It is expected that claims examined pursuant to a PPH request will usually be granted in Canada. 91% of Canadian applications examined pursuant to the PPH issue to grant, significantly eclipsing the standard grant rate in Canada of 65%.12

Applicants using the PPH program in Canada benefit from significant prosecution time savings in addition to cost savings associated with having to file fewer responses. It is also worth noting that currently, CIPO does not charge a fee for accelerating examination pursuant to a PPH request.

PPH Strategy in Canada

In Canada, requesting examination can be deferred until 5 years from the application’s filing date.

During that time, corresponding applications may be prosecuted in other participating jurisdictions. By deferring examination in Canada, an applicant can wait until such corresponding applications have reached a (hopefully successful) conclusion, providing the basis upon which a PPH request for accelerated examination may be made.

In Canada, it is possible to combine claims from multiple corresponding applications pursuant to a single PPH request. Such an approach can be cost effective as CIPO does not currently charge excess claims fees.

For example, if a corresponding U.S. patent application and U.S. continuation application have been allowed, the claims from both applications can be combined and filed in the Canadian application and examination may be expedited through a single PPH request.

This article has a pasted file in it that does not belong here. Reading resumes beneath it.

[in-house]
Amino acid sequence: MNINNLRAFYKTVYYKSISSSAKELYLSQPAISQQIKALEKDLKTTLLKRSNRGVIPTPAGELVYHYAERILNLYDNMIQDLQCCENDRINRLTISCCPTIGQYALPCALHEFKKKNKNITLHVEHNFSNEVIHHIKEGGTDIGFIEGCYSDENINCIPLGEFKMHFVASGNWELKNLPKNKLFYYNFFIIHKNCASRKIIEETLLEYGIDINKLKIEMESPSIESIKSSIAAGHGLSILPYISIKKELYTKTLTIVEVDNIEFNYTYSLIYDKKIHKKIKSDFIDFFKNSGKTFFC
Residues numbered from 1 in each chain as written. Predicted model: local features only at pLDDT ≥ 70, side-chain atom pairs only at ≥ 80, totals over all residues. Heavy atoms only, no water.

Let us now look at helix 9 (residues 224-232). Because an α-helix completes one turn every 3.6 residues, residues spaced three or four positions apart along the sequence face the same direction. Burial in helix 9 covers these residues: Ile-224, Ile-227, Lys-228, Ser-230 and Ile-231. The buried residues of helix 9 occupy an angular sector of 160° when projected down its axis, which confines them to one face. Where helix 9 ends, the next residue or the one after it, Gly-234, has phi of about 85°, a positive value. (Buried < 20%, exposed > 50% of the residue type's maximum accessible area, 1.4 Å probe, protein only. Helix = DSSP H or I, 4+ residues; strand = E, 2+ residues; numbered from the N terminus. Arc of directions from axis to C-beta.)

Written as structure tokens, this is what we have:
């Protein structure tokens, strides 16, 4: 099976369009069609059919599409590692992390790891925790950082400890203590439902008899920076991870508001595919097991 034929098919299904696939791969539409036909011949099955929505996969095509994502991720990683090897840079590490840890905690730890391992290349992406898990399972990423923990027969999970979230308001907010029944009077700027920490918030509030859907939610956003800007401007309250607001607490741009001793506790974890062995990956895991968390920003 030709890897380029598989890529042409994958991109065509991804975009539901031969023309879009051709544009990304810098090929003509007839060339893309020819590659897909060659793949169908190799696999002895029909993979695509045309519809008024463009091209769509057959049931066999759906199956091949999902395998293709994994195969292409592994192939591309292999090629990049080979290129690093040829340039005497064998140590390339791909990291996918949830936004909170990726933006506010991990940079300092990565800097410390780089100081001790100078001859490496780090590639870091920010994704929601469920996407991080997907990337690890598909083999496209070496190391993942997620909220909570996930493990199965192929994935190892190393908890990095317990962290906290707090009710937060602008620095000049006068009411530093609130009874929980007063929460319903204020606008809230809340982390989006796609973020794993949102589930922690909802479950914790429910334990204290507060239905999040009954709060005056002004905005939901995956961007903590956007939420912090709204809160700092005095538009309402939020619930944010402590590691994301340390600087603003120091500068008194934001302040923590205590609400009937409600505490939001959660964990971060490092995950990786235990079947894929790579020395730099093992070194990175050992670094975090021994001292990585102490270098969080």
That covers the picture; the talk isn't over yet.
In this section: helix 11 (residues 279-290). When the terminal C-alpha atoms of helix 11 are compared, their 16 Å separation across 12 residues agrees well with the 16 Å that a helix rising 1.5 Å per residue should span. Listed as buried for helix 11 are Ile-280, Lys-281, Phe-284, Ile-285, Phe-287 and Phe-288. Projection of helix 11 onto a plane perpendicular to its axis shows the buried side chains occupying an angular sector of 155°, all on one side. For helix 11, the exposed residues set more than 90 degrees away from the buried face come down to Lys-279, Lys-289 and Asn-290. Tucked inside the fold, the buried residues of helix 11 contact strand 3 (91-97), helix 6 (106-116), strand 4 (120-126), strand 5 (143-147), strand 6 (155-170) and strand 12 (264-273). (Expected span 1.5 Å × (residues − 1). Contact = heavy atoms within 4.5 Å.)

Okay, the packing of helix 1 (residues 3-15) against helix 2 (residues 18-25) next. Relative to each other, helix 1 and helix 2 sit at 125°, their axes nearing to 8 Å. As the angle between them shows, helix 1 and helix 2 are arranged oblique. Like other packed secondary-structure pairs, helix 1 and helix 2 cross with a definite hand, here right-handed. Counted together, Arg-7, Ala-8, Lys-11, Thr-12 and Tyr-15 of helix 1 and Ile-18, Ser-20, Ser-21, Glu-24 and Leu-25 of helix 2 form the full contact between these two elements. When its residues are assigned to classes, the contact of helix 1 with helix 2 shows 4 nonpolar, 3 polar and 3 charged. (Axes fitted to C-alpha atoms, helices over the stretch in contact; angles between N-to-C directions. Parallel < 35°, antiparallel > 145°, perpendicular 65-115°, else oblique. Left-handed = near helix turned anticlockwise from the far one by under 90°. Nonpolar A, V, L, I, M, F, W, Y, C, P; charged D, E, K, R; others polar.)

In view of Canada’s strict prohibition against double-patenting, filing voluntary divisional applications can create risk. Accordingly, it may be prudent to defer examination (including requesting PPH acceleration) until all corresponding applications (or at least all claims of interest) have been examined in other participating jurisdictions.

As noted above, it is common to file a voluntary amendment with CIPO to bring the claims into alignment with those allowed in participating PPH jurisdictions. When making a PPH request in Canada, it can also be worthwhile to review the disclosure and pre-emptively implement editorial amendments to the disclosure that a Canadian Examiner would typically require. This reduces the chance of an office action issuing merely for a procedural matter. For example, currently in Canada it is impermissible to incorporate other documents into the disclosure “by reference”. Accordingly, when filing the PPH request it may be worthwhile to amend the disclosure to delete “incorporation by reference” language.

Considerations

Any prosecution strategy should be carefully considered. Accelerated examination under the PPH typically avoids substantive examination of the Canadian application. If substantive examination is advantageous to the applicant, for example to pursue broader and/or additional claims, utilizing the PPH may not be appropriate.

However, for those applicants working with budgetary and/or time constraints who are satisfied with the scope of claims granted in other participating jurisdictions, utilizing the PPH process may offer significant prosecution time and cost savings. Adopting such practical strategies can make pursuing and obtaining patent protection in Canada more affordable.